• Brian Walker

    The contrast between the high public rhetoric about a Scotland brave open and fair or whatever contrasts Cuomo-style with SNP delivery and their timorousness about using the extra taxation powers they already have.

  • Scots Anorak

    The Westminster and Scottish Parliament elections use completely different systems, and followers of Scots independence will recall that there was considerable, and occasionally heated, debate about how to maximise the pro-Indy vote at the time. As it happened, the SNP came close to replicating its previous performance despite the system having been specifically designed to prevent it, and with the Greens on board the pro-Indy majority was maintained. Next week the Scottish Parliament will vote in favour of a referendum to save us from the gangster capitalists and xenophobes of Brexit. That vote will be entirely legitimate and will reflect manifesto pledges voted on by the people. You shouldn’t compare apples with pears.

  • Salmondnet

    Most of the “gangster capitalists” seem to have been on the Remain side of the Brexit argument. You really should be pleased that they lost, but no matter. You will get your referendum and you will almost certainly lose. Better yet, you will win, and we “xenophobes” will be spared your sanctimony (except of course for Scottish xenophobes, not really hard to find, who, if the SNP has its way, will find themselves living with a scale of migration never seen before in Scottish history. We will then see just how tolerant and accepting you really are).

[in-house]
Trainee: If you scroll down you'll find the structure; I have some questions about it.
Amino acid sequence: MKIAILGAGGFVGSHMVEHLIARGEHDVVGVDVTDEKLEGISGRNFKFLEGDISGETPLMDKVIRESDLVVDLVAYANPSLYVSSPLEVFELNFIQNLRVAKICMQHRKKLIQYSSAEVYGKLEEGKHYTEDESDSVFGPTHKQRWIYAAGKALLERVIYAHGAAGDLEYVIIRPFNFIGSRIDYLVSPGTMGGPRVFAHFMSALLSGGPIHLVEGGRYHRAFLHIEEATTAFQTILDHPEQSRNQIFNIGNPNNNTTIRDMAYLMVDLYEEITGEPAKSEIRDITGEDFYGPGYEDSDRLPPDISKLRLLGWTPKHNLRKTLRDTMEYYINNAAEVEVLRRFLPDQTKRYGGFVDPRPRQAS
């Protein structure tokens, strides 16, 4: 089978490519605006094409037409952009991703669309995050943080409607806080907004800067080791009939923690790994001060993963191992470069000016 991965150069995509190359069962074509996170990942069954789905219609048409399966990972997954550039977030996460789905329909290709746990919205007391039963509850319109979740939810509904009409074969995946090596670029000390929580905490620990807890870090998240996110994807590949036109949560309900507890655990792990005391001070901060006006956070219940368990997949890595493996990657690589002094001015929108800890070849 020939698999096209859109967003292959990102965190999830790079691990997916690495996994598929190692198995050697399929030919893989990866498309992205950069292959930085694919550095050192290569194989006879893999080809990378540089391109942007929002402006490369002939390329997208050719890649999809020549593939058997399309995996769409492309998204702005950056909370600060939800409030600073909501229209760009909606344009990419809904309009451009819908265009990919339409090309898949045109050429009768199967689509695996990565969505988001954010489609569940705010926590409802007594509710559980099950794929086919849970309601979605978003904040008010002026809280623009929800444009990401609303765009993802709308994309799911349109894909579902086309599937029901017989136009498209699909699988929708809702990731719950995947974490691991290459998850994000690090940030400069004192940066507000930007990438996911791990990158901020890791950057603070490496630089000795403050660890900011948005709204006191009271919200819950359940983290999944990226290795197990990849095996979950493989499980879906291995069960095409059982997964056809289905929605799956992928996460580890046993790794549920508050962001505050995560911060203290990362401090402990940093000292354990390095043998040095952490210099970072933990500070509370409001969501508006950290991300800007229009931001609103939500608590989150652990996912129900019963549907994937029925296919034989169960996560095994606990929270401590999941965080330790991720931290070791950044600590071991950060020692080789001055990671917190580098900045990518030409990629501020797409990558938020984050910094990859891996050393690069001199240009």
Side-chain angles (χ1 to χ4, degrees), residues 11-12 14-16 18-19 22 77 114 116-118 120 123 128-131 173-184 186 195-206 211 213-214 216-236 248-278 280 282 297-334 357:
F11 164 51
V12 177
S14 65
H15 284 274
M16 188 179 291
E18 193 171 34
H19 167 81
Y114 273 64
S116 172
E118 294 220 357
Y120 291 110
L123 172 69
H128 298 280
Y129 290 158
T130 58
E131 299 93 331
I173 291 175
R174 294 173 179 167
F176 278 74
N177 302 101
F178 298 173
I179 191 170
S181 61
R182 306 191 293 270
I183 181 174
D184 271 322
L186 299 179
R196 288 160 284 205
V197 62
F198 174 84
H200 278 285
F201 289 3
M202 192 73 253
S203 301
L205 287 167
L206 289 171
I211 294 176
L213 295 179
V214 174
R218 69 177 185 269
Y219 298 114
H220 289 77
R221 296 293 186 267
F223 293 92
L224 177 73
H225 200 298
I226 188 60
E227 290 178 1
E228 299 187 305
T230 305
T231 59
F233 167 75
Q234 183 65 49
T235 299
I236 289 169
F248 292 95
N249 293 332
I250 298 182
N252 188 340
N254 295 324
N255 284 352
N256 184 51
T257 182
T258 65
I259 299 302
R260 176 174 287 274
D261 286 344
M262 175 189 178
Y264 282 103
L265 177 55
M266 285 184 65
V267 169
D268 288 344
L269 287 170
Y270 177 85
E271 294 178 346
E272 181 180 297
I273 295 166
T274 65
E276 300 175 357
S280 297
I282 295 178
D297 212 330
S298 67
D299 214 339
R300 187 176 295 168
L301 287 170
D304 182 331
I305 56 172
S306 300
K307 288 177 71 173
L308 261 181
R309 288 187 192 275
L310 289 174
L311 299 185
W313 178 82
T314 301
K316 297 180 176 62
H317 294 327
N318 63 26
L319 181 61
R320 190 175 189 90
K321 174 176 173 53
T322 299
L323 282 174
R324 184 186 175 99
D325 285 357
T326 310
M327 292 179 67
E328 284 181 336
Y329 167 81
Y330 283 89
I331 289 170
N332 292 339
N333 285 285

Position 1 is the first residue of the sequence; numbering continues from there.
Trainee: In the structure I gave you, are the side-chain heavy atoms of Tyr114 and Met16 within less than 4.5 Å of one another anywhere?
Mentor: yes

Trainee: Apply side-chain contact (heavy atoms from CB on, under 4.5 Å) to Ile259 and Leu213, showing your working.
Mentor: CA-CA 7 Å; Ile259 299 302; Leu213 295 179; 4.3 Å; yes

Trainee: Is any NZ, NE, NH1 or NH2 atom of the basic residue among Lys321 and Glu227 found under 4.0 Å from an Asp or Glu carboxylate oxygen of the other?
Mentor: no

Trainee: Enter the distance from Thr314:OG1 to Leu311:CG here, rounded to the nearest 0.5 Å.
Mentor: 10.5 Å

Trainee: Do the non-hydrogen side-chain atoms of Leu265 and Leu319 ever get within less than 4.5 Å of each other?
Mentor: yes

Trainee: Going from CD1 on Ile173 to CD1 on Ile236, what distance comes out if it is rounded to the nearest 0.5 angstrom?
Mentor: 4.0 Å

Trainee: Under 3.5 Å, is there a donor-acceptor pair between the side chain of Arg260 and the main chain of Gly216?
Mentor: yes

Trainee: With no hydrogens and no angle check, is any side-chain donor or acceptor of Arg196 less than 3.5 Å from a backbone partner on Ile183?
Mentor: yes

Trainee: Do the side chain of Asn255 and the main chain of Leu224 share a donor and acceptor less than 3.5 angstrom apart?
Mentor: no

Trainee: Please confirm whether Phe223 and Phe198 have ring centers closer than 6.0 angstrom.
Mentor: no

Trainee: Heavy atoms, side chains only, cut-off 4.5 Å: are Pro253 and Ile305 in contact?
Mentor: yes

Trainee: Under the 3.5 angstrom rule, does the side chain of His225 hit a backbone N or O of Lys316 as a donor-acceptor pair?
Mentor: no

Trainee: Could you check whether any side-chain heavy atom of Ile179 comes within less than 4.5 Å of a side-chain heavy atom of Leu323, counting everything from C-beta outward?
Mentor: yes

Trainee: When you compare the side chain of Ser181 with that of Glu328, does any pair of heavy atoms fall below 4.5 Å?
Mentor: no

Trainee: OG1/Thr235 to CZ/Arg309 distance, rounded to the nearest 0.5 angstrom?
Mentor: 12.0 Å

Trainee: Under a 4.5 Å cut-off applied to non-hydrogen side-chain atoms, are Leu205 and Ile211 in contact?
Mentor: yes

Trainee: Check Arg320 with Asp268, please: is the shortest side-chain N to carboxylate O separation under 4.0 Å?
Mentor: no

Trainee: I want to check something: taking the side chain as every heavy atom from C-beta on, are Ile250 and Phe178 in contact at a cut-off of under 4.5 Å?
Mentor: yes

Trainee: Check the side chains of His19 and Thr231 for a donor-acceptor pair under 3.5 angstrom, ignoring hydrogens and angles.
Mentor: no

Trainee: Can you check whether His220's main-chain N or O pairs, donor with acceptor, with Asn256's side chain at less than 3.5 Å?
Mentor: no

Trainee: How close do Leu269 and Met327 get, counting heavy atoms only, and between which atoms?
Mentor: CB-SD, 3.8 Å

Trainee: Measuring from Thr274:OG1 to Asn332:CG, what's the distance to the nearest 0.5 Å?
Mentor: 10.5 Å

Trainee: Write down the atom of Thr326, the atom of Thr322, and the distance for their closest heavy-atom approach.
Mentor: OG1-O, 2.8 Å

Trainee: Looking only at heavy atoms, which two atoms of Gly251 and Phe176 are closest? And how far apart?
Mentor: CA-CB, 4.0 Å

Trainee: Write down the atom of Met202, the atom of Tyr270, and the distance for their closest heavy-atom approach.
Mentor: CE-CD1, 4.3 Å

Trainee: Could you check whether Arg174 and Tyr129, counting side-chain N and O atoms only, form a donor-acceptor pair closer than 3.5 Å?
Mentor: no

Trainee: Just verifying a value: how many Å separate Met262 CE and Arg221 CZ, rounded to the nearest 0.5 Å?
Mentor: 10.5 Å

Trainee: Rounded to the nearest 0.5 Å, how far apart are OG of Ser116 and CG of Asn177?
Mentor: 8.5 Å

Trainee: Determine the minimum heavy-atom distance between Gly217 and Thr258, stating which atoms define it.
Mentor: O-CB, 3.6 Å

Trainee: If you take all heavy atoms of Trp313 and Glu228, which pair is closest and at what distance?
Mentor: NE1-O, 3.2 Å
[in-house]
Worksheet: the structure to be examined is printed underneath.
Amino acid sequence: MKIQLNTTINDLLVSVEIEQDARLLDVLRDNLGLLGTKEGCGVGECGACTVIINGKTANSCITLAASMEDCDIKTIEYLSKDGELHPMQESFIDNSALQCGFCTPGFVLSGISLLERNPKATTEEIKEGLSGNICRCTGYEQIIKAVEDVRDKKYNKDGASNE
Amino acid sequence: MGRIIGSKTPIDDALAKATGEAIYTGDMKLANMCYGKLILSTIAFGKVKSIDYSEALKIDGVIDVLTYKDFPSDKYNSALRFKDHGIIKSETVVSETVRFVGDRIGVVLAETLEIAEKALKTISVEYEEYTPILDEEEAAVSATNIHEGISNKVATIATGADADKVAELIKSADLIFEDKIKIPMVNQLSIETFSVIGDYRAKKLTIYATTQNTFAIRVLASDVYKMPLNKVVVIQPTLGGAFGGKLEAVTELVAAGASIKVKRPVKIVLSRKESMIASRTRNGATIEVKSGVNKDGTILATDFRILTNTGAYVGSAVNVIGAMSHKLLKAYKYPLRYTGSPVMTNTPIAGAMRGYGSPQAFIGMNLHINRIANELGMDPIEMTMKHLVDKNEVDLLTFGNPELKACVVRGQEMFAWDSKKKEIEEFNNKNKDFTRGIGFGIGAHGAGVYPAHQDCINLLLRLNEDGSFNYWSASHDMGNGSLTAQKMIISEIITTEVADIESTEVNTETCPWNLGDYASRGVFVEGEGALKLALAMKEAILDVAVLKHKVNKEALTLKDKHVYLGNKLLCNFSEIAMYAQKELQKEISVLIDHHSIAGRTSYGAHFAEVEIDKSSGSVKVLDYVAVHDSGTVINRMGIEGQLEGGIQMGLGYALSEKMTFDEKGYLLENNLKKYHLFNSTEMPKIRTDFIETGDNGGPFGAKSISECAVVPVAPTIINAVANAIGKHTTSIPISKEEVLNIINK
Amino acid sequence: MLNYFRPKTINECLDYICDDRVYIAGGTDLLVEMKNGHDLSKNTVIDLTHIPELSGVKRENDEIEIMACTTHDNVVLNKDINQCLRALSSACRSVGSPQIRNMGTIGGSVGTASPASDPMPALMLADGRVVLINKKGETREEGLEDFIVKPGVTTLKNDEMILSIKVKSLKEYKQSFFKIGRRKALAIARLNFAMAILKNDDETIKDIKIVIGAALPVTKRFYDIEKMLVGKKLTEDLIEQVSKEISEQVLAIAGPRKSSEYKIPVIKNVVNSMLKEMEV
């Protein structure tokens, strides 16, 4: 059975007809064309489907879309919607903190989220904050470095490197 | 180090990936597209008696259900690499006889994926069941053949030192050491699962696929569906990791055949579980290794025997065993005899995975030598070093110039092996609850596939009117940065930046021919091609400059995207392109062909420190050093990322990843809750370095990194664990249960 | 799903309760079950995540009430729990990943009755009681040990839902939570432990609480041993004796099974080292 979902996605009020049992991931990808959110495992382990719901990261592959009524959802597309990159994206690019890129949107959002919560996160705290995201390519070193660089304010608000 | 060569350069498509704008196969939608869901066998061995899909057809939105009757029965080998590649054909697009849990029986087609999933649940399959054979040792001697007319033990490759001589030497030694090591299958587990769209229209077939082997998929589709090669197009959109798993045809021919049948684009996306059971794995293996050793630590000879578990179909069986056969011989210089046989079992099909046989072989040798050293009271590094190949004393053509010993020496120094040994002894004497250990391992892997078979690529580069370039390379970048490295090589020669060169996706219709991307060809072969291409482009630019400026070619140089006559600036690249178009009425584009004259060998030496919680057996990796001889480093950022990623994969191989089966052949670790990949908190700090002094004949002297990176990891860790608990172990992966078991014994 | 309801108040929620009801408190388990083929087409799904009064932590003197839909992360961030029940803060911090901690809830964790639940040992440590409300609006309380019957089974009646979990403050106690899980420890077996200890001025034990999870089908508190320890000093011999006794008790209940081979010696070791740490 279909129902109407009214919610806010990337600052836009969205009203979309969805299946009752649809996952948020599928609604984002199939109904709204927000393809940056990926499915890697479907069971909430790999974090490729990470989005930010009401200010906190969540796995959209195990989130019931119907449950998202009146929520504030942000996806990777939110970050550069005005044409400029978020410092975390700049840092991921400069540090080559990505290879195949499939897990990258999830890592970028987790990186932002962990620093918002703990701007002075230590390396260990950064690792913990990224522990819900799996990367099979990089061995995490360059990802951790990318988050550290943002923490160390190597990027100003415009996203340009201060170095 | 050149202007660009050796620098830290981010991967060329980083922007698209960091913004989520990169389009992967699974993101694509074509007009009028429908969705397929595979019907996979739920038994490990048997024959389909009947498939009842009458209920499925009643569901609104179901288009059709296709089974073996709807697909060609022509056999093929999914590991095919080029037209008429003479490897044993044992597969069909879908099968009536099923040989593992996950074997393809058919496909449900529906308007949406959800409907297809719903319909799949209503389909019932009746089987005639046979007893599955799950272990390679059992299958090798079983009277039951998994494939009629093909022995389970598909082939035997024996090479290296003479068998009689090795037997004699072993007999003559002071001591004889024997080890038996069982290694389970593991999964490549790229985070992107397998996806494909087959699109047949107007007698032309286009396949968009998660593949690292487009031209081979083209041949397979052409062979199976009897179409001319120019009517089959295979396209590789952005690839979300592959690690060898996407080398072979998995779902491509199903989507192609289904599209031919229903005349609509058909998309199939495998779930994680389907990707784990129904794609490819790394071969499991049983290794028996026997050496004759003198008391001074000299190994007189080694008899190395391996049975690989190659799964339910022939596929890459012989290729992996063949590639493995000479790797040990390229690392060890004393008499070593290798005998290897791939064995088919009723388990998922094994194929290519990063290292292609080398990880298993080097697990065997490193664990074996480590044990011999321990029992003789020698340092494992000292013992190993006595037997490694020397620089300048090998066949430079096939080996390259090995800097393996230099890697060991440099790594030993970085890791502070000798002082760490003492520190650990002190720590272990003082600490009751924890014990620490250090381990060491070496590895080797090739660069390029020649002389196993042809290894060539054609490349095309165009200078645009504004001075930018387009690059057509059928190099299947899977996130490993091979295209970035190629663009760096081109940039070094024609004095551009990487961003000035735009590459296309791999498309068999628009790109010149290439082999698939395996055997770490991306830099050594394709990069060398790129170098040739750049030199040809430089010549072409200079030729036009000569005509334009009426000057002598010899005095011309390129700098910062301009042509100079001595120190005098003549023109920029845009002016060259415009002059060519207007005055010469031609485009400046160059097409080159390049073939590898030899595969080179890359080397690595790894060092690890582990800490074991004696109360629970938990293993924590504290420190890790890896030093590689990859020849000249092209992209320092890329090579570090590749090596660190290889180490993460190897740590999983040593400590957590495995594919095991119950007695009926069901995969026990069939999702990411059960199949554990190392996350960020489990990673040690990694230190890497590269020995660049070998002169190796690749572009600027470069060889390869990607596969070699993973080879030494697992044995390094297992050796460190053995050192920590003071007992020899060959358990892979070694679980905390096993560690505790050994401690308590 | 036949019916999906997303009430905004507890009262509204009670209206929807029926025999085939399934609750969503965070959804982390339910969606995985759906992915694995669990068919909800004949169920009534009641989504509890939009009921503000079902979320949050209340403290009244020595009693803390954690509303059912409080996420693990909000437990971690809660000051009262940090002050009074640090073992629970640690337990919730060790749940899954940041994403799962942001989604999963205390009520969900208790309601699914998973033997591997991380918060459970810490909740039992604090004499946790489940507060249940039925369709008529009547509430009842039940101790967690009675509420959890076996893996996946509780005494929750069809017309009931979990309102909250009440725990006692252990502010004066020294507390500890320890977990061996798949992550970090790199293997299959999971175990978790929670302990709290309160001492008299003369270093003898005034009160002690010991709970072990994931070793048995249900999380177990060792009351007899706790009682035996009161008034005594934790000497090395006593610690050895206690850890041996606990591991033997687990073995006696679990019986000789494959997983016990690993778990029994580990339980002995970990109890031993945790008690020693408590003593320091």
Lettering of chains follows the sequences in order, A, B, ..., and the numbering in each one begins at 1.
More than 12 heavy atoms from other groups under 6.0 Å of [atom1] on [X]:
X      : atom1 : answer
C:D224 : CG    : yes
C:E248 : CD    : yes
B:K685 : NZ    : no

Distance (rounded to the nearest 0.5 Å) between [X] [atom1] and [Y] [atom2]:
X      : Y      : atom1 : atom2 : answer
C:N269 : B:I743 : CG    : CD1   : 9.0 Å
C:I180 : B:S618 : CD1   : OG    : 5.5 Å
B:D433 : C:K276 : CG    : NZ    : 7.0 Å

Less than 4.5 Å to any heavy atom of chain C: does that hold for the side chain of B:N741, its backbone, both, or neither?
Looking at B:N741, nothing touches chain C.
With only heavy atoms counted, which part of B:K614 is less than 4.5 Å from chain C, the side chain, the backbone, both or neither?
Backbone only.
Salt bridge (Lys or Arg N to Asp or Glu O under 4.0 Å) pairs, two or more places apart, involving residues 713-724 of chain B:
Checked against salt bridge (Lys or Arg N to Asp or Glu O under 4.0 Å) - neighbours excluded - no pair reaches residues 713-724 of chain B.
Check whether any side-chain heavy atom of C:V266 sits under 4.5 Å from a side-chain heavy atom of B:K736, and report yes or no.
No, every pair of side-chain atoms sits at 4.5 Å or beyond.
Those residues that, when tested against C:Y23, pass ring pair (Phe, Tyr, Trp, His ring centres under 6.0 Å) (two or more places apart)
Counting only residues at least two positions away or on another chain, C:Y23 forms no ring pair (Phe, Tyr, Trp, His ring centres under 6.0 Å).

• Croiteir

    Is that McCormick V Lord Advocate 1953? certainly sounds like it. The problem with pleading that case is that this is limited, he said that “clear that there is neither precedent nor authority of any kind for the view that the domestic courts of either Scotland or England have jurisdiction to determine whether a government act of the type here in controversy is or is not conform to the provisions of the Treaty …” so nobody has the authority to decide if Westminster is exceeding its powers in this respect at that time. So forget about McCormick .

    However to quote Ronan McCrea, a Senior Lecturer in Law at University College London,